Monday, April 27, 2015

Winemakers of Change: Four Advocates of the 7% Grapes

Clockwise: Mahle, Allen, Rorick. Photo credits below

Note: This piece was originally set to run as the cover story in Sip California but due to a publishing delay and the timing of 7% Solution tasting event, I’m posting it here now.

As you drive across the wine-growing regions of California, the majority of vineyards you pass will be planted with the big eight-- Chardonnay, Cabernet Sauvignon, Zinfandel, Merlot, Pinot Noir, Syrah, Sauvignon Blanc, and Cabernet Franc. According to the USDA’s report on California’s wine grape acreage, these eight varietals are the most widely planted grapes; roughly 93%.

The remaining 7%* of the acres planted are rare and obscure grapes that many consumers have never tried or even heard of before. For growers, decisions on what to plant are based primarily on economic viability, not necessarily on terroir or for what grows best where. Yet for a small cadre of maverick winemakers it’s that seven percent, the uncommon and rare varieties, such as Aglianico, Grenache Blanc, Ribolla Gialla, St. Laurent, Tinto Cao, Friulano, Verdehlo, and Trousseau Gris, that are most appealing. *{It’s important to note that the 7% calculation applies primarily to the acreage of California’s North Coast.}

By focusing on the unusual, lesser-planted grapes, these forward-thinking producers are establishing an important knowledge base on Californian wine with regard to soils, climate, and farming techniques. Their efforts may predict the future of what’s in your glass, and herald a significant turning point in California wine.

Four of the most passionate advocates for the 7% grapes are Duncan Arnot Meyer of Arnot-Roberts, Matthew Rorick of Forlorn Hope, William Allen of Two Shepherds, and Pax Mahle of Wind Gap Wines.

If, as the saying goes, wine is fashion, then these winemakers are the avant-garde designers of the moment, sending Arneis, Counoise, Vermentino, and others down the cat walk with a strut of attitude.


“I think we are just beginning to explore the inherent valor of light-bodied red wines in California,” says Duncan Arnot Meyer. His standout wine, the Arnot-Roberts Ribolla Gialla, is fermented in clay amphorae. He also makes a Rosé of Touriga Nacional and Tinta Cao that’s dry and light as parchment with a fresh scent of strawberry and spice.

“Much focus has been spent on making hearty, extracted wines over the past twenty years and the other end of the spectrum deserves more attention,” he says. “We are in the midst of a very exciting time to be growing grapes and making wine in California and the potential is being further revealed to us every year.”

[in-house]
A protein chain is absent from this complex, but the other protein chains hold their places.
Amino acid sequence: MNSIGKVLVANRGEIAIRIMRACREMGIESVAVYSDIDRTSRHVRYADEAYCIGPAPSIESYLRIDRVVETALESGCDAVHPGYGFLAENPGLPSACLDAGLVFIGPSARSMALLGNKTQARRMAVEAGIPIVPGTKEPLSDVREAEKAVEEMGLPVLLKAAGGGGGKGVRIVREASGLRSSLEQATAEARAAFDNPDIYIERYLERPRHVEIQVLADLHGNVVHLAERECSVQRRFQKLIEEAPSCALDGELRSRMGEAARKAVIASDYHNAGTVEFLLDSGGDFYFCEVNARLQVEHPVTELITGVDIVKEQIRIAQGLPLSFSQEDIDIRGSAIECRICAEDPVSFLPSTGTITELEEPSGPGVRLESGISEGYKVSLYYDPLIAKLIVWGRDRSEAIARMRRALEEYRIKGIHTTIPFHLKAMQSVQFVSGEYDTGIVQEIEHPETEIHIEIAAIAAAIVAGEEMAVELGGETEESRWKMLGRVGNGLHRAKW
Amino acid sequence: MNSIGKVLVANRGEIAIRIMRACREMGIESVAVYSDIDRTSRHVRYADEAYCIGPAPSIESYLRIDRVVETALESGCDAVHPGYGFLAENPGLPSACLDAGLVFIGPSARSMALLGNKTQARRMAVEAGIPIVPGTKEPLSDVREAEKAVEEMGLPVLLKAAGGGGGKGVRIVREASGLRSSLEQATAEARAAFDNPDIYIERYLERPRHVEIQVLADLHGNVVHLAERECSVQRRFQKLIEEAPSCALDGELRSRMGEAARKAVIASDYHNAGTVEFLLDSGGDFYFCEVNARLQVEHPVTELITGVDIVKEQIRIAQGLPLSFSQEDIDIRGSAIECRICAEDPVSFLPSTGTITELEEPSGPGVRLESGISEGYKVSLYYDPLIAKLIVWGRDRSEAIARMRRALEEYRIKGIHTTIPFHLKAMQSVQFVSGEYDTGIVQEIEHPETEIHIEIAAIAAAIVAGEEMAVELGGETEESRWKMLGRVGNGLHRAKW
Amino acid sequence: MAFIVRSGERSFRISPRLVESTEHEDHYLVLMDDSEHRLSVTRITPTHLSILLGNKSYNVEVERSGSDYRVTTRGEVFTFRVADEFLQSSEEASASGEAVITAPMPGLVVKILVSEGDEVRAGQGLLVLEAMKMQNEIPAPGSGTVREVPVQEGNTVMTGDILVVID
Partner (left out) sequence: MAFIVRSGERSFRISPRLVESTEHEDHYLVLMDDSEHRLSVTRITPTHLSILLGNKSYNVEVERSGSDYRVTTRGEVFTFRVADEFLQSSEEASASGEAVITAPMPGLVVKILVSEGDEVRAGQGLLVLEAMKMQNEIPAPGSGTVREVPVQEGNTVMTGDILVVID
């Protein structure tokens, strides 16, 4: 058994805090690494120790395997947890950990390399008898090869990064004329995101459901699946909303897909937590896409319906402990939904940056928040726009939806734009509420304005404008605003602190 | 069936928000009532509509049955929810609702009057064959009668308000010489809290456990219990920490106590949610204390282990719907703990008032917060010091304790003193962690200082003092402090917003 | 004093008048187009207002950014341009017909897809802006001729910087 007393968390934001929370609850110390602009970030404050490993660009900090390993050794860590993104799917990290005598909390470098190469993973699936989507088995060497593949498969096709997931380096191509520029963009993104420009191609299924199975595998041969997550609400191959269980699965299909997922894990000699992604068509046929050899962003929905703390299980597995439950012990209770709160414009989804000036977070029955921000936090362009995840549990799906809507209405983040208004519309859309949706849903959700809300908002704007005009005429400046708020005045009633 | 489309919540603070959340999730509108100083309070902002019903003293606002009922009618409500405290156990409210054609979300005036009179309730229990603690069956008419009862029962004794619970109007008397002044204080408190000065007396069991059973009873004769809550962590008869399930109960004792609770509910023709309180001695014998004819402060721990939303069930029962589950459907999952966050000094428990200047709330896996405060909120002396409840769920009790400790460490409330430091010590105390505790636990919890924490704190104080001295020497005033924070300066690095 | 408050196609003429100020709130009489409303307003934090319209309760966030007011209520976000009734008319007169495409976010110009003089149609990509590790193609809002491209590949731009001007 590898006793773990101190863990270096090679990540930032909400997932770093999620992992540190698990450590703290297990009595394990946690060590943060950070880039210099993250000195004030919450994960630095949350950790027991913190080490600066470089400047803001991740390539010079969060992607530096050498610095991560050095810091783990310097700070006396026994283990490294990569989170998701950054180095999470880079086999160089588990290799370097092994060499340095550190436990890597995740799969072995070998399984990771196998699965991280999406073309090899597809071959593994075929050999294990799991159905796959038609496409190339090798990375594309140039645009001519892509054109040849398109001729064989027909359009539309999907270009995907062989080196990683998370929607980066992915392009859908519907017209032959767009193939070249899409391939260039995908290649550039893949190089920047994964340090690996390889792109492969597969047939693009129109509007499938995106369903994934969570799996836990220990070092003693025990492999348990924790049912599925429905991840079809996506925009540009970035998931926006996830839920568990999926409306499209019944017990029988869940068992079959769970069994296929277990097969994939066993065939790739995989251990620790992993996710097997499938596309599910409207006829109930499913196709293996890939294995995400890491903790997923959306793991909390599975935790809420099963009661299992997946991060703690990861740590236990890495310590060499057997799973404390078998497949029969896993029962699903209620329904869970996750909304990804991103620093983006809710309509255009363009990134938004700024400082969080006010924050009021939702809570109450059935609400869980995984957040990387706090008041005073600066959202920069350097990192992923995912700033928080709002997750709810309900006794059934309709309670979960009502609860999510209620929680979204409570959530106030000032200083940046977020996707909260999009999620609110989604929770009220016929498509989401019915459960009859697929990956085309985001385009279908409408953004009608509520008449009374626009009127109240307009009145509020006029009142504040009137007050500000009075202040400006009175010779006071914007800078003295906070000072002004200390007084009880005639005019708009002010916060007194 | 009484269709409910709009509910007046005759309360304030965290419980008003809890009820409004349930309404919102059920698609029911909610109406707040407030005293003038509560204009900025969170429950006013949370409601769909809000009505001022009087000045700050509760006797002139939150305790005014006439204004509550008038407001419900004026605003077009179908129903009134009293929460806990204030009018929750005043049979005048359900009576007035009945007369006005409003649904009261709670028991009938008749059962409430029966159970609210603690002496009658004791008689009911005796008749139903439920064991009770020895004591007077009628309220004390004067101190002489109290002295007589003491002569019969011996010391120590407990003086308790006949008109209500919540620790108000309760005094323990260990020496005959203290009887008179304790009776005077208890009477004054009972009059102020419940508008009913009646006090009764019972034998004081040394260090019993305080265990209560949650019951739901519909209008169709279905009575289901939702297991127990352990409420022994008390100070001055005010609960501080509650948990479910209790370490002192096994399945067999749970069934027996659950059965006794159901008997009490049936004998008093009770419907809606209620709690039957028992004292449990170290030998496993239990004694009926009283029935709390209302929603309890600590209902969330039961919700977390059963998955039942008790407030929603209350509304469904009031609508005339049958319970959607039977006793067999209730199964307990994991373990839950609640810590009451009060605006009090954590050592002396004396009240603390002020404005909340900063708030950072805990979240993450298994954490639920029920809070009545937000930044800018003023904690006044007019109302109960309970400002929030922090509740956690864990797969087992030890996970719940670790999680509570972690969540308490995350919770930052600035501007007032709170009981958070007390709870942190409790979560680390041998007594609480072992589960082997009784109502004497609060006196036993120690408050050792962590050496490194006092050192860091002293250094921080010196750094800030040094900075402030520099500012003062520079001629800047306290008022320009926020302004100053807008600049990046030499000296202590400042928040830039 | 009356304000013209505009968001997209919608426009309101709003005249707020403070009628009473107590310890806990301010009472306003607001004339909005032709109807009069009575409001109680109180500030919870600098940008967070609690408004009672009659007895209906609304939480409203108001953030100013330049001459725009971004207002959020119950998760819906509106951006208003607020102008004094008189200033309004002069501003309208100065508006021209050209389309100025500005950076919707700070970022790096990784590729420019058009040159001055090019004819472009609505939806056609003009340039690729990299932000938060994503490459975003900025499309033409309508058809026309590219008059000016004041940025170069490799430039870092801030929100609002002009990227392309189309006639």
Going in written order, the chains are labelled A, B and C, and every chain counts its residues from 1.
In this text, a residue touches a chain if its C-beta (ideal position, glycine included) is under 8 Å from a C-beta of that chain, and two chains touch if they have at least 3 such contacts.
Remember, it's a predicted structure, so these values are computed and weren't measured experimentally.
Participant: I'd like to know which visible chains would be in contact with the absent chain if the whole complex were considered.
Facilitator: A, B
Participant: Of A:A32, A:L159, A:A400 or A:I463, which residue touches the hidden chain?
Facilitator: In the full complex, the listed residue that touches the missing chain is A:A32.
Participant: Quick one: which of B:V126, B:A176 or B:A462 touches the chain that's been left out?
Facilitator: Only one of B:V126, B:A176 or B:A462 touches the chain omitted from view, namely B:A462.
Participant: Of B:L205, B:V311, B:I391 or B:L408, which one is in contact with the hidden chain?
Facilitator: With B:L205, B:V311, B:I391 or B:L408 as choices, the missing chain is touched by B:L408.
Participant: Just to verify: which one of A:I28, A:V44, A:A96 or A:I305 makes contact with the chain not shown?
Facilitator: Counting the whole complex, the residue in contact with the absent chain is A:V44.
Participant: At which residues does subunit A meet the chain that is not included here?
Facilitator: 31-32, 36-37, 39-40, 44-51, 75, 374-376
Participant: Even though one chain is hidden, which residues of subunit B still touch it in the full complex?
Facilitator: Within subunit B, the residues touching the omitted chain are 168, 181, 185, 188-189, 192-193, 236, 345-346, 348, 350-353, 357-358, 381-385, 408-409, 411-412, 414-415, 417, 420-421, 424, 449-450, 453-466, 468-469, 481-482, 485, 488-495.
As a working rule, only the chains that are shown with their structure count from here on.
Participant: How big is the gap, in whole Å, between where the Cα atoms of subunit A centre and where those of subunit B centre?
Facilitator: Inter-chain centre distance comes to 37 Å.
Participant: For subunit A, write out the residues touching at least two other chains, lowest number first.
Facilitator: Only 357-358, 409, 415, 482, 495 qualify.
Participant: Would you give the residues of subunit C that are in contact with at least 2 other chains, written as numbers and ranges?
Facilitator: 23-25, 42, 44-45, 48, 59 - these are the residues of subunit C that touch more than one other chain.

Chasing the tough-to-grow, hard-to-pronounce, and at-times-persnickety varietals rather than follow the tried and true is not necessarily the path to riches and glory. The common denominator among the winemakers is the compulsion to follow their own tastes while pushing the prevailing expectations of what makes wine great. If it pays off, so be it.

“We make the wines we want to drink and love first, then find a following,” says William Allen of Two Shepherds. “I can’t tell you how often I heard in my early days, if I didn’t make Pinot Noir, how much I would struggle.”

Instead of making wine to fit a business/marketing plan, Allen makes wine to suit his palate. His love for Rhône varietals grew from a hobby into to a full-blown label, and his Two Shepherds Grenache Blanc, from Saarloos Vineyard in Santa Ynez, has gone on to achieve near-cult reverence.

“Our wines are appealing not just because of the variety, but for those seeking wines of restraint, lower alcohol, higher acidity, and finesse over brawn,” Allen says.

Pax Mahle’s focus on wines with a sense of place is reflected in his label name--Wind Gap—in reference to the Petaluma Wind Gap a viticulture sub region of the Sonoma Coast where the grapes are influenced by cool coastal winds and “…taste like where they are grown.” His old vine Trousseau Gris, an aromatic delight from Fannuchi-Wood Road Vineyard in the Russian River Valley, is fermented in concrete and available on tap at his grange-chic tasting room in Sebastopol.

Many 7% varieties have an ardent following by wine consumers looking for something new, but the masses have yet to embrace the full range of varietals. “People are more intimidated by a $26 bottle of California Vermentino that’s terrific with food than a $75 bottle of Chardonnay that’s so oaky and mass produced it tastes like it could have been grown in a lab,” says Mahle.